But ultimately the play, and many of the articles about Corrie that have appeared, are not really about the young American activist who died in such tragic circumstances. They are about promoting a hate-filled and glaringly one-sided view of Israel.

    (Tom Gross is a former Jerusalem correspondent for the Sunday Telegraph.)

    More forgotten victims
    Partly thanks to the efforts of Corrie and her fellow activists, the flow of explosives from Egypt into Gaza continued – and were later used to kill children in southern Israel.

  4. Well my mum is planning to attend this play at La Boite ( I think there is a discussion after the performance on Wed. night)?, originally staged in London by Alan Rickman.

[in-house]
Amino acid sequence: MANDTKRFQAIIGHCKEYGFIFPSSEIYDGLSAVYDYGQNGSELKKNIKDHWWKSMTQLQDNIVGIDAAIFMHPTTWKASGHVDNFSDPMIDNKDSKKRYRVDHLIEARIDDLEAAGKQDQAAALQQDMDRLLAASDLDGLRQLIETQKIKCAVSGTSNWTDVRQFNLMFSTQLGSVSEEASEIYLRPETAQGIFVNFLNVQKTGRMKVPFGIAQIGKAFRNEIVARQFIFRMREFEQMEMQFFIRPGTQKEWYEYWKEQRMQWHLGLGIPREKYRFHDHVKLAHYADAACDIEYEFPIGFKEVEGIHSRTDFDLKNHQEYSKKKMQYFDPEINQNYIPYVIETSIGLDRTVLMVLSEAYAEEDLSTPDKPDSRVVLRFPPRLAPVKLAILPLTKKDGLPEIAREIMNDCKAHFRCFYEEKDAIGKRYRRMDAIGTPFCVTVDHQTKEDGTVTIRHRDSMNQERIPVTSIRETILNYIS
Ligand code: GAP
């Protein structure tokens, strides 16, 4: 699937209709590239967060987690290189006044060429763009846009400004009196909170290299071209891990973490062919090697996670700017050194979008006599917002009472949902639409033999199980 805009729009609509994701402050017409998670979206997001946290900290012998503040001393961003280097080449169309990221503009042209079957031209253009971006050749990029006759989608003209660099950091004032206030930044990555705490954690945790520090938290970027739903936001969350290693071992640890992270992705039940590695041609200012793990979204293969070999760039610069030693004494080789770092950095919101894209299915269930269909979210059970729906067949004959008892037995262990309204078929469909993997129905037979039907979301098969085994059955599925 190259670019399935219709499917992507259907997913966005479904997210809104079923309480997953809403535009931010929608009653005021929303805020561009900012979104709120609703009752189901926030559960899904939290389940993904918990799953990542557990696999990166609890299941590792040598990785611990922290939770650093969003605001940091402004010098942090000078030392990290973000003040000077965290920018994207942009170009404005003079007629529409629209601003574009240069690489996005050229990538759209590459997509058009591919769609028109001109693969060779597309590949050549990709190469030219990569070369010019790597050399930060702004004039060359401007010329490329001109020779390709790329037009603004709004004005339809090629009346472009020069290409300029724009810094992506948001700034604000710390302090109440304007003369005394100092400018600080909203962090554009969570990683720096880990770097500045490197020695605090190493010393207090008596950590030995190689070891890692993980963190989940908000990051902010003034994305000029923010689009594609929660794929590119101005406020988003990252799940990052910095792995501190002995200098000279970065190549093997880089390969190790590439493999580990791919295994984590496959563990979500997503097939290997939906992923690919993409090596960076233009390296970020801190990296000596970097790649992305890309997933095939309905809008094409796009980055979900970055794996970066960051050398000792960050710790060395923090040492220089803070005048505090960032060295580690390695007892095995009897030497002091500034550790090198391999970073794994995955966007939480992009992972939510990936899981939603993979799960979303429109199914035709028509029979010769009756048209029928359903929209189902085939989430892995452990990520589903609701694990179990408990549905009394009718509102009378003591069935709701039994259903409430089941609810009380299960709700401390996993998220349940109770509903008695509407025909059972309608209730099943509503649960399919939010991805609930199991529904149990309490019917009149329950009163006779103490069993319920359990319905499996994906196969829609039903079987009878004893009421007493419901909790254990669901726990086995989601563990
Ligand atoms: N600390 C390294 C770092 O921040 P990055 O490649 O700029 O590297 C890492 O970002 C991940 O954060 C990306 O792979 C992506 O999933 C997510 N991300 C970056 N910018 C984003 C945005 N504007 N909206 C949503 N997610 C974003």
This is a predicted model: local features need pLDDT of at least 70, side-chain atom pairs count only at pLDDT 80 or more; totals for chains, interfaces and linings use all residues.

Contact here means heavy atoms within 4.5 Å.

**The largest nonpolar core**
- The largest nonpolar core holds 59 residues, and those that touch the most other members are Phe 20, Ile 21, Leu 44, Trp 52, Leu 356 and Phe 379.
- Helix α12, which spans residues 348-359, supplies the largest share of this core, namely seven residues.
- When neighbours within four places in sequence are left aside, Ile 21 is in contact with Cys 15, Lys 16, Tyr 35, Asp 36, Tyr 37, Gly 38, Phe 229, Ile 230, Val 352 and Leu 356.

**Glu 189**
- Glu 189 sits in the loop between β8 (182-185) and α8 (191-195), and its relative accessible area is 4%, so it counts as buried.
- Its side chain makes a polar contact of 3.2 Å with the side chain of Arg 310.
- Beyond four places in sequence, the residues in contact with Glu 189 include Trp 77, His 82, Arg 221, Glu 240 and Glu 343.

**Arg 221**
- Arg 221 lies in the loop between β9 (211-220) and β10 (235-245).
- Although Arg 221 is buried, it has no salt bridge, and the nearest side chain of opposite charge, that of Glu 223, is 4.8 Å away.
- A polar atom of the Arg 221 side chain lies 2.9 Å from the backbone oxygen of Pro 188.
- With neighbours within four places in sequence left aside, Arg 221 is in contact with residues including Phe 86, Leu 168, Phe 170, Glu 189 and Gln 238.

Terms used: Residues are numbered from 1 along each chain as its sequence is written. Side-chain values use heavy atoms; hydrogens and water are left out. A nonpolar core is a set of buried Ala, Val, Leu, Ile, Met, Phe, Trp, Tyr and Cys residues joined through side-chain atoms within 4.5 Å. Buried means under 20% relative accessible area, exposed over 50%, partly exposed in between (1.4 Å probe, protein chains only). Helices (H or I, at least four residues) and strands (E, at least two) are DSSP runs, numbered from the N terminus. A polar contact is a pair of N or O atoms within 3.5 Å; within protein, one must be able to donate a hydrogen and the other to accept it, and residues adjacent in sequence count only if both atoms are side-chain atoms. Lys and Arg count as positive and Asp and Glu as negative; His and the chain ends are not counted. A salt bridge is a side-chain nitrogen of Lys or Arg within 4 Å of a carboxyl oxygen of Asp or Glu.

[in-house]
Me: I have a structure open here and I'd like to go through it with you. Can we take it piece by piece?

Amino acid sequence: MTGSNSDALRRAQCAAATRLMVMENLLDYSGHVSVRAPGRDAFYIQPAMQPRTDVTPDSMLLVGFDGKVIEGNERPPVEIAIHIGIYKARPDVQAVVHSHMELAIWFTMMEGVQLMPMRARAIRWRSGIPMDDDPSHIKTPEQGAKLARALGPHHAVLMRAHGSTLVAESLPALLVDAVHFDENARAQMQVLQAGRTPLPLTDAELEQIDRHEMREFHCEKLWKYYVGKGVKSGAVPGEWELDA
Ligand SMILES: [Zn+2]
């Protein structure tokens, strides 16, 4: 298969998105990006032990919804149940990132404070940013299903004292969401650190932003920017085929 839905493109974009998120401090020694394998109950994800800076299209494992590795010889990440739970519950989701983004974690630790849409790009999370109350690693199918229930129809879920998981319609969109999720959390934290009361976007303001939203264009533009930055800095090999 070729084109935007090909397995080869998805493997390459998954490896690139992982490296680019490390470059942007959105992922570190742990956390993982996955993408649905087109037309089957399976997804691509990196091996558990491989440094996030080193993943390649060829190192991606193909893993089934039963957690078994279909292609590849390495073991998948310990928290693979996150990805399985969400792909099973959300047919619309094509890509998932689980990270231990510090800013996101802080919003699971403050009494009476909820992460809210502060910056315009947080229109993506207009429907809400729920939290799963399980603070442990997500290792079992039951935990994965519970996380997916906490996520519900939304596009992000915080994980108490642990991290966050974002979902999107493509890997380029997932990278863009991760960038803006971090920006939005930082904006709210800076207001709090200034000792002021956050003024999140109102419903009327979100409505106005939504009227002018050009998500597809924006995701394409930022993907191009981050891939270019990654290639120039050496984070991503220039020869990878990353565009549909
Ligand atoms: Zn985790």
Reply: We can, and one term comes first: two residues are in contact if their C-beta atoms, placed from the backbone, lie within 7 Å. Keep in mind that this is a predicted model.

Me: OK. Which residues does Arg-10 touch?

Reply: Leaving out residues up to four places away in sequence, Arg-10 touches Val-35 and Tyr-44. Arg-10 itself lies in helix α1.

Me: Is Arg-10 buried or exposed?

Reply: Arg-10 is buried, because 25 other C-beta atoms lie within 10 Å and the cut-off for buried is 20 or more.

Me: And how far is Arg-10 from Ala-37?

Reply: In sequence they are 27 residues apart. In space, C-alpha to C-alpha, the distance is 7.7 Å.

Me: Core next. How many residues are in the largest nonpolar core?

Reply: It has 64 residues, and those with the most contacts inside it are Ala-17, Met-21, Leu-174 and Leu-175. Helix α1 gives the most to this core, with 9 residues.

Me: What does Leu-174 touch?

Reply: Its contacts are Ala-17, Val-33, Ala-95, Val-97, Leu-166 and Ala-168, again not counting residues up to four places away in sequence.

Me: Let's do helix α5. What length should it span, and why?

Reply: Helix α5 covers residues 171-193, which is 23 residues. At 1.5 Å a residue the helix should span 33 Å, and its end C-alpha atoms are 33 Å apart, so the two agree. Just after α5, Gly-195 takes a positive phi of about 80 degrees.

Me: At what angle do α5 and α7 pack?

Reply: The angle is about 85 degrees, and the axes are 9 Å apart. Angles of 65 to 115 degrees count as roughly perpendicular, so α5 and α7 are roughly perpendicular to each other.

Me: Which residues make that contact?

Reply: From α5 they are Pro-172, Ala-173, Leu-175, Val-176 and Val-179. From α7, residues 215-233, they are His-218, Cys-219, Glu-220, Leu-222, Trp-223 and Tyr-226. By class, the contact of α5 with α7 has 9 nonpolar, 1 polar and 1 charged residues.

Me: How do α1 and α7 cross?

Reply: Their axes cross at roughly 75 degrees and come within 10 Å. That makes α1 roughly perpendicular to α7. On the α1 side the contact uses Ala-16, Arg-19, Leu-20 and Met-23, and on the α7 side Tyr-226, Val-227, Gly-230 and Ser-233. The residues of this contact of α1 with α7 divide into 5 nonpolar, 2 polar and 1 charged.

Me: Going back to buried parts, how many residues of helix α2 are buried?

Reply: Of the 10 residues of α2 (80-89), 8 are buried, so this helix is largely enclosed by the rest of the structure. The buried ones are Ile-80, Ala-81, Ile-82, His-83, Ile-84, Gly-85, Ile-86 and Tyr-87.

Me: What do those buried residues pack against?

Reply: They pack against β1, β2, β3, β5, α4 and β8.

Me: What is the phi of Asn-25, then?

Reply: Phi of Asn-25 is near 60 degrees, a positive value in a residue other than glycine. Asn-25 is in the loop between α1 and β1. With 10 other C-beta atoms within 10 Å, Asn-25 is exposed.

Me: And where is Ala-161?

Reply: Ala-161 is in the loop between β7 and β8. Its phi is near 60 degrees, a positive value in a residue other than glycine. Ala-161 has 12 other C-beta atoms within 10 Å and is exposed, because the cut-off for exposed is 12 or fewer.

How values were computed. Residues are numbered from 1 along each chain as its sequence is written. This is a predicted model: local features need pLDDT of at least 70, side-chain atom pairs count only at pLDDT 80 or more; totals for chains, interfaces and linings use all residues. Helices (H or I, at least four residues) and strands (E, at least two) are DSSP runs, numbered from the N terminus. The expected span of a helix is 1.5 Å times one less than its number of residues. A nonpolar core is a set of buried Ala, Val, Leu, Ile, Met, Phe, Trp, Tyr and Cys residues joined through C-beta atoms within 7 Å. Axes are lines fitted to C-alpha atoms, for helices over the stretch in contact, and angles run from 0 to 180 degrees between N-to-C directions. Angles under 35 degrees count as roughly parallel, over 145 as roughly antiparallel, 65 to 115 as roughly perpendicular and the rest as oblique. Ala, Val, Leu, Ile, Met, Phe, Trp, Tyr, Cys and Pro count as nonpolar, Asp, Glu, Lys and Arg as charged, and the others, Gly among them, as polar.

By the by, I attended a workshop on Palestine at the recent London Anarchist Bookfair.

    There was a young zionist in the audience that kept disrupting the speaker with baseless anti-semitic accusations.

    At one point later in the presentation he yells out,
    “You people are anti-semetic you don’t even believe in the two state solution!”
    I turned around to him and yelled,
    “Fuck me mate, we’re at an anarchist conference, we don’t believe in any state solutions!”
    That seemed to shut him up for a while! Touche!